Dr Luis Rojas Marcos, professor of psychiatry at New York University School of Medicine, is celebrated for his seminal work in treating the urban homeless, mentally ill immigrants and violent youth. The visionary psychiatrist has gained respect in both the United States and his native Spain for his pragmatic approach to helping people cope with life’s challenges.
“Life is change, change is life,” philosophises Marcos who has dedicated his own life to unearthing the explanations for human behaviour.
After graduating from Seville University Medical School in 1968, Dr Marcos left Franco’s Spain and immigrated to New York City where he furthered his medical studies and conducted groundbreaking research on how language barriers and cultural differences contribute to the misdiagnosis of psychiatric patients who speak little English. For 25 years, he helped shape public health policy in New York, earning accolades for his innovations as head of the city’s Department of Mental Health Services and the Health and Hospitals Corporation.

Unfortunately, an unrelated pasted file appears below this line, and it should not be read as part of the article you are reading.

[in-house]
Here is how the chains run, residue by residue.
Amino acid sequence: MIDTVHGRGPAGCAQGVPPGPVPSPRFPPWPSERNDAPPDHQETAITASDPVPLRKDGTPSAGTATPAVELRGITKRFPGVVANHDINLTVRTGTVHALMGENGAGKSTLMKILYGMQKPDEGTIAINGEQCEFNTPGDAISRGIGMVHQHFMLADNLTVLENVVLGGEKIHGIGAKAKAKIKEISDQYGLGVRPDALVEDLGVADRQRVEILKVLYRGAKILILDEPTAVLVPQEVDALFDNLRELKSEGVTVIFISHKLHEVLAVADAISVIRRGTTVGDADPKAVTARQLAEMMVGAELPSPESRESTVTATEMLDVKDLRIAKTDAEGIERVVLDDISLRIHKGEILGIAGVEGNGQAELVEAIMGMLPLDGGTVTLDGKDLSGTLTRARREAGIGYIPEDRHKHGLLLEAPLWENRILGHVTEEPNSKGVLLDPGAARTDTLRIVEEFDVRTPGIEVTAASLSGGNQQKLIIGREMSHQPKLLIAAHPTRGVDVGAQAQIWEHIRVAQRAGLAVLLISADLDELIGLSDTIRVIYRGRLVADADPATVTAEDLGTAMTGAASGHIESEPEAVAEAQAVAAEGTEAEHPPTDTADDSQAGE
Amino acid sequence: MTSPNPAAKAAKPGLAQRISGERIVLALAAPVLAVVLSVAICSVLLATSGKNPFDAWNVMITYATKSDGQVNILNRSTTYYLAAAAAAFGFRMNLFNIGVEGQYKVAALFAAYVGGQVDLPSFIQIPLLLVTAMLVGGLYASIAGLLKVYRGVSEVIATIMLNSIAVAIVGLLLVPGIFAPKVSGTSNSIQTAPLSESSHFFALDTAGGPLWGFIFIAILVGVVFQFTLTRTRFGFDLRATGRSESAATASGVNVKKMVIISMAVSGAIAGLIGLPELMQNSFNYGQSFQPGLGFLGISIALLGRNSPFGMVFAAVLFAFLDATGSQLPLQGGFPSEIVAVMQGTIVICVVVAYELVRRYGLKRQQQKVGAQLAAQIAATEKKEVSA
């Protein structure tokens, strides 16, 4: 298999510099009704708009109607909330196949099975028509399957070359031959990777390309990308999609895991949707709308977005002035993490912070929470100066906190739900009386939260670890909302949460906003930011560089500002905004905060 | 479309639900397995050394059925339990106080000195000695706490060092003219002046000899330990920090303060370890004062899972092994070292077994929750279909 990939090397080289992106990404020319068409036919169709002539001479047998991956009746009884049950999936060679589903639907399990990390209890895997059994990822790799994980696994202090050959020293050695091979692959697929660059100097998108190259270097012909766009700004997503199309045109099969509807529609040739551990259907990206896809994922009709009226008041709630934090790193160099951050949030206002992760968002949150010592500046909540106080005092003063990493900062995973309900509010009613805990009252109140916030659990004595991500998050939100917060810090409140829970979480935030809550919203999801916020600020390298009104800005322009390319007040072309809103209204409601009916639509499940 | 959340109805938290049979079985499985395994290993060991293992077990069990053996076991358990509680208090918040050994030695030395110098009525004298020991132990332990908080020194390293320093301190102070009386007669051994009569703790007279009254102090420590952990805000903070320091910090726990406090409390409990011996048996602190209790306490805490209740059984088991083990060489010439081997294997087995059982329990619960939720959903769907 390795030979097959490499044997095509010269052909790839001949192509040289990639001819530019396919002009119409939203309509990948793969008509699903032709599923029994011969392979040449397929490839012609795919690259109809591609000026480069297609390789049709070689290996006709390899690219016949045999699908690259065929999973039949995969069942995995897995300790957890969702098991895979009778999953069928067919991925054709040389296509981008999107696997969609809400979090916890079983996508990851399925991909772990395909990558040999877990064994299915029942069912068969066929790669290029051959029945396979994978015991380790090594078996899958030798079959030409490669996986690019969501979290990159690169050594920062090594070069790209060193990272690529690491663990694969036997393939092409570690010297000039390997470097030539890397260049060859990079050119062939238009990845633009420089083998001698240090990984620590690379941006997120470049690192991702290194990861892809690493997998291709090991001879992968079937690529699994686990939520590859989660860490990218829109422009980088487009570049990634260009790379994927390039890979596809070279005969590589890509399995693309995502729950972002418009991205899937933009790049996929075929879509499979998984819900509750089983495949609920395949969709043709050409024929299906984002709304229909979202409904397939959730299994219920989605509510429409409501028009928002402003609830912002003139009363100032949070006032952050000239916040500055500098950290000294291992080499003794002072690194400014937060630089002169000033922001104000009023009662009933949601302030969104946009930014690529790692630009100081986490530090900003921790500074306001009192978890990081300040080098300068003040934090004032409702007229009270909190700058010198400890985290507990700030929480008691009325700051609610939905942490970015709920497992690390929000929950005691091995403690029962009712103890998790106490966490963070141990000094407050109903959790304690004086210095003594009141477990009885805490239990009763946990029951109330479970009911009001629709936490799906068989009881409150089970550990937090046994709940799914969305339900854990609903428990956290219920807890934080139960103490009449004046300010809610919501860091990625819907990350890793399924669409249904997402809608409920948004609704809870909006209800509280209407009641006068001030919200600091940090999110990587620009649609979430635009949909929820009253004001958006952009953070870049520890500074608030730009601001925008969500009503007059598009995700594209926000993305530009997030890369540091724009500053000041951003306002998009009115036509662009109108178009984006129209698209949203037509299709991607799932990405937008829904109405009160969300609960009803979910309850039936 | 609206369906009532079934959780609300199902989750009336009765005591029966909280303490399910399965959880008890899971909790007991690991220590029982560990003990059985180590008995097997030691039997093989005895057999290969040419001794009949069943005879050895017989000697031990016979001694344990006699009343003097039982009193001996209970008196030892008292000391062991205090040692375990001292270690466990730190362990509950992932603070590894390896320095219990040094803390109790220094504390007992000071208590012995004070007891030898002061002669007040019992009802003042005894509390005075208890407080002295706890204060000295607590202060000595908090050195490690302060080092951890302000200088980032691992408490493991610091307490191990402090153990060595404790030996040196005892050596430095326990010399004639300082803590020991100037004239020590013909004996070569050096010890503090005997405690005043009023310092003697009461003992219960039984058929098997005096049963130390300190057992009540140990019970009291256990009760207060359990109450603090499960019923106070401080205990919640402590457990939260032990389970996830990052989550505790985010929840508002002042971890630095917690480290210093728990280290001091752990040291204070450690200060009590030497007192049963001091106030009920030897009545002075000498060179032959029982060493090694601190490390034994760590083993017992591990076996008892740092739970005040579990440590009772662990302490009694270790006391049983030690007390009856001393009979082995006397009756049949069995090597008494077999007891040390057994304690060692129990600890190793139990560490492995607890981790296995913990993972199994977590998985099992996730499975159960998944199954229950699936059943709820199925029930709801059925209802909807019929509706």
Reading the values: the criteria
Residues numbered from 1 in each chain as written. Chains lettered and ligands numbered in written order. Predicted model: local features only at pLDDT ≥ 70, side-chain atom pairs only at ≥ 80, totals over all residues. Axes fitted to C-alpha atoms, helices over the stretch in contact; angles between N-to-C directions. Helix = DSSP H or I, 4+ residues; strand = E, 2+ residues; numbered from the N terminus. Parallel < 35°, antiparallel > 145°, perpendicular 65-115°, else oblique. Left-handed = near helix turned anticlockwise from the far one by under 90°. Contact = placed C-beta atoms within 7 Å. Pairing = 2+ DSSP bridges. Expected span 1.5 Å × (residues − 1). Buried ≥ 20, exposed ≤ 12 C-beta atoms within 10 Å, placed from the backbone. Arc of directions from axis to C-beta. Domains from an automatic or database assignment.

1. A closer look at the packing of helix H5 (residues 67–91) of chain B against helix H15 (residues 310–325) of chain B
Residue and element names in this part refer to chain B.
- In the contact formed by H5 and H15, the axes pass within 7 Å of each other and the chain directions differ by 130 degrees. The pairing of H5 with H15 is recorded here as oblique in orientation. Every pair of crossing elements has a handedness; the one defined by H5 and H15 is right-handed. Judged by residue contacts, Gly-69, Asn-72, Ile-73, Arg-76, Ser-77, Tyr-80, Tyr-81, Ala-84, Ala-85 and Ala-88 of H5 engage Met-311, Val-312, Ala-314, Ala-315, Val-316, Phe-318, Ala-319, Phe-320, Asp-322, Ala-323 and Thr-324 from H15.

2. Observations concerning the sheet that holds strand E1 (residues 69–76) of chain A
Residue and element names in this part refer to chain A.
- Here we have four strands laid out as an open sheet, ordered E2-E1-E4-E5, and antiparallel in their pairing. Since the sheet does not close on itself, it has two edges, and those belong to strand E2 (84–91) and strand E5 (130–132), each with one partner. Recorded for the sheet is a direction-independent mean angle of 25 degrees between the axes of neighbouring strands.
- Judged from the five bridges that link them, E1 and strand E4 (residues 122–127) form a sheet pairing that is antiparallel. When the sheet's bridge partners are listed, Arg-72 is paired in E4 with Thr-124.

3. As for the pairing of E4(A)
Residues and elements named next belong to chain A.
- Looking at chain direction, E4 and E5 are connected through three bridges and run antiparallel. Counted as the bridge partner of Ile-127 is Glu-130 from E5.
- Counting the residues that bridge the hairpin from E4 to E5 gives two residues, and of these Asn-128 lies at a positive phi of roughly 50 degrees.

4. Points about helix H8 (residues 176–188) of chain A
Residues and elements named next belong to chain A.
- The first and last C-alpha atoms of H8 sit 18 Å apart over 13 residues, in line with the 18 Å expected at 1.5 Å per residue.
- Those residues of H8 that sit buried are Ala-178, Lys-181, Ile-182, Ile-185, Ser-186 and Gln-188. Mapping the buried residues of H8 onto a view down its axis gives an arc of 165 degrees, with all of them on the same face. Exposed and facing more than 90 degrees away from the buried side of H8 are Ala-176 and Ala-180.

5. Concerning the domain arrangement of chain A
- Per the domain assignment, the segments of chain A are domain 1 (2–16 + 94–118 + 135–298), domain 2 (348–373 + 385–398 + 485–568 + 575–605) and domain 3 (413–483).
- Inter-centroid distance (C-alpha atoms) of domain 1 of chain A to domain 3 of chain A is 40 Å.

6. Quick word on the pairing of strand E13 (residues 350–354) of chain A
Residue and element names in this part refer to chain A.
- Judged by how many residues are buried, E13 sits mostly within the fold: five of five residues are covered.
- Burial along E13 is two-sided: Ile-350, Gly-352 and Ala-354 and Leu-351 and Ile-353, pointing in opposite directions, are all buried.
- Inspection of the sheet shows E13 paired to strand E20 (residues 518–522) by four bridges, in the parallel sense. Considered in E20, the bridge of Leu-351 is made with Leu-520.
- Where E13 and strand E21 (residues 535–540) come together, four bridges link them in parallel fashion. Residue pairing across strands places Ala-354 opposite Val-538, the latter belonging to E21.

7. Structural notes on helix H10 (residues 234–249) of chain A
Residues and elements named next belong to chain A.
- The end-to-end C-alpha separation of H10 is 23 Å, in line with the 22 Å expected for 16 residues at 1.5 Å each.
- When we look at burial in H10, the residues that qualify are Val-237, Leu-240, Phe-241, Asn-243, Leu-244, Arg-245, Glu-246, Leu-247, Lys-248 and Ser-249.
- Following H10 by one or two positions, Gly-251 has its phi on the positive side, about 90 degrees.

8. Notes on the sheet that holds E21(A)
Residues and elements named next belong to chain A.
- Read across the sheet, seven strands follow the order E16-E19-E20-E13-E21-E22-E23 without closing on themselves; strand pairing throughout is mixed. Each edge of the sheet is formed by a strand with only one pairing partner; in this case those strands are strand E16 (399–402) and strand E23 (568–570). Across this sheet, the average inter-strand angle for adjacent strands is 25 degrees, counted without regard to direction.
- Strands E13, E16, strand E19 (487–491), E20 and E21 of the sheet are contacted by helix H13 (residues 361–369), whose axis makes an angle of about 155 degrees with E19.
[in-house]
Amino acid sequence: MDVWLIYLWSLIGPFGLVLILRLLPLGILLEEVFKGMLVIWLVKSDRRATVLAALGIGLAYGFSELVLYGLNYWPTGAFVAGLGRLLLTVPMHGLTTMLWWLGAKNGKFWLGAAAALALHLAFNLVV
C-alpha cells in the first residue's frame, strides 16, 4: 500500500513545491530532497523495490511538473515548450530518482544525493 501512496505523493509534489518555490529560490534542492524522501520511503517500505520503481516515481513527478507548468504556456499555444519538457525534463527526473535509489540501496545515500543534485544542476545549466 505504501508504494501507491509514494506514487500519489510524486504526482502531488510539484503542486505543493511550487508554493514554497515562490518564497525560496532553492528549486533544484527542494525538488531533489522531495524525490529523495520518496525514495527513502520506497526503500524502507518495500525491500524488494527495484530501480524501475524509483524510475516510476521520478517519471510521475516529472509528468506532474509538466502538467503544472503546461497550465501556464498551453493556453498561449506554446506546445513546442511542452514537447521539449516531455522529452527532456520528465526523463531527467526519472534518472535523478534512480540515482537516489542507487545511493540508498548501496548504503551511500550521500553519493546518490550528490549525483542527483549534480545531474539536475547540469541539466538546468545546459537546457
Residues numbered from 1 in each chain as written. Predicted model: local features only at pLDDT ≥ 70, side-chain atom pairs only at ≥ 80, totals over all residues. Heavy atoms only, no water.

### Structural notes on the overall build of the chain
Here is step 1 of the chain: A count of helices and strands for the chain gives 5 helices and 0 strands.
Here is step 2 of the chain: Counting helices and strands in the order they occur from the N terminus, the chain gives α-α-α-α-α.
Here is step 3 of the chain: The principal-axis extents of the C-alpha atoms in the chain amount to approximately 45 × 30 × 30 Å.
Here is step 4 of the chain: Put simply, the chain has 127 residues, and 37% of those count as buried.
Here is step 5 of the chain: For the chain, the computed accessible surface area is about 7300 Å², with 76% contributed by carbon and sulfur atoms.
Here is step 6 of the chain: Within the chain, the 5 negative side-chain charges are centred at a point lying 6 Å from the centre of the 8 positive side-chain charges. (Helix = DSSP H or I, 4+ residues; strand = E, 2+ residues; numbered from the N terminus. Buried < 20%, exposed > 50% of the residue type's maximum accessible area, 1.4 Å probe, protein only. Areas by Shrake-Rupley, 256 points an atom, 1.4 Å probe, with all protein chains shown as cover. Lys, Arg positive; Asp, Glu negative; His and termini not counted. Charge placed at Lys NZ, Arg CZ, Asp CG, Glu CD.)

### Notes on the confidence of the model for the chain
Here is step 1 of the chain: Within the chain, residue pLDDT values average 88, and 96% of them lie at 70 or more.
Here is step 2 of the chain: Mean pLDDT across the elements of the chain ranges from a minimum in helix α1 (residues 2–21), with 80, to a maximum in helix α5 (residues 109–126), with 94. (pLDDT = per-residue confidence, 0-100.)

As well as teaching psychiatry in New York, Dr Marcos remains firmly connected to his roots in Spain where he serves as a trustee of La Caixa Foundation, which deals with social and public health problems, and frequently lectures on key medical issues. He also writes about social and psychiatric topics in English and Spanish, including a regular column for Spain’s El País newspaper.
Marcos admits that writing, a very “rewarding act” that binds him to his Spanish contemporaries, is something he finds stimulating — along with playing piano and guitar and competing in the New York Marathon.
Published in 2006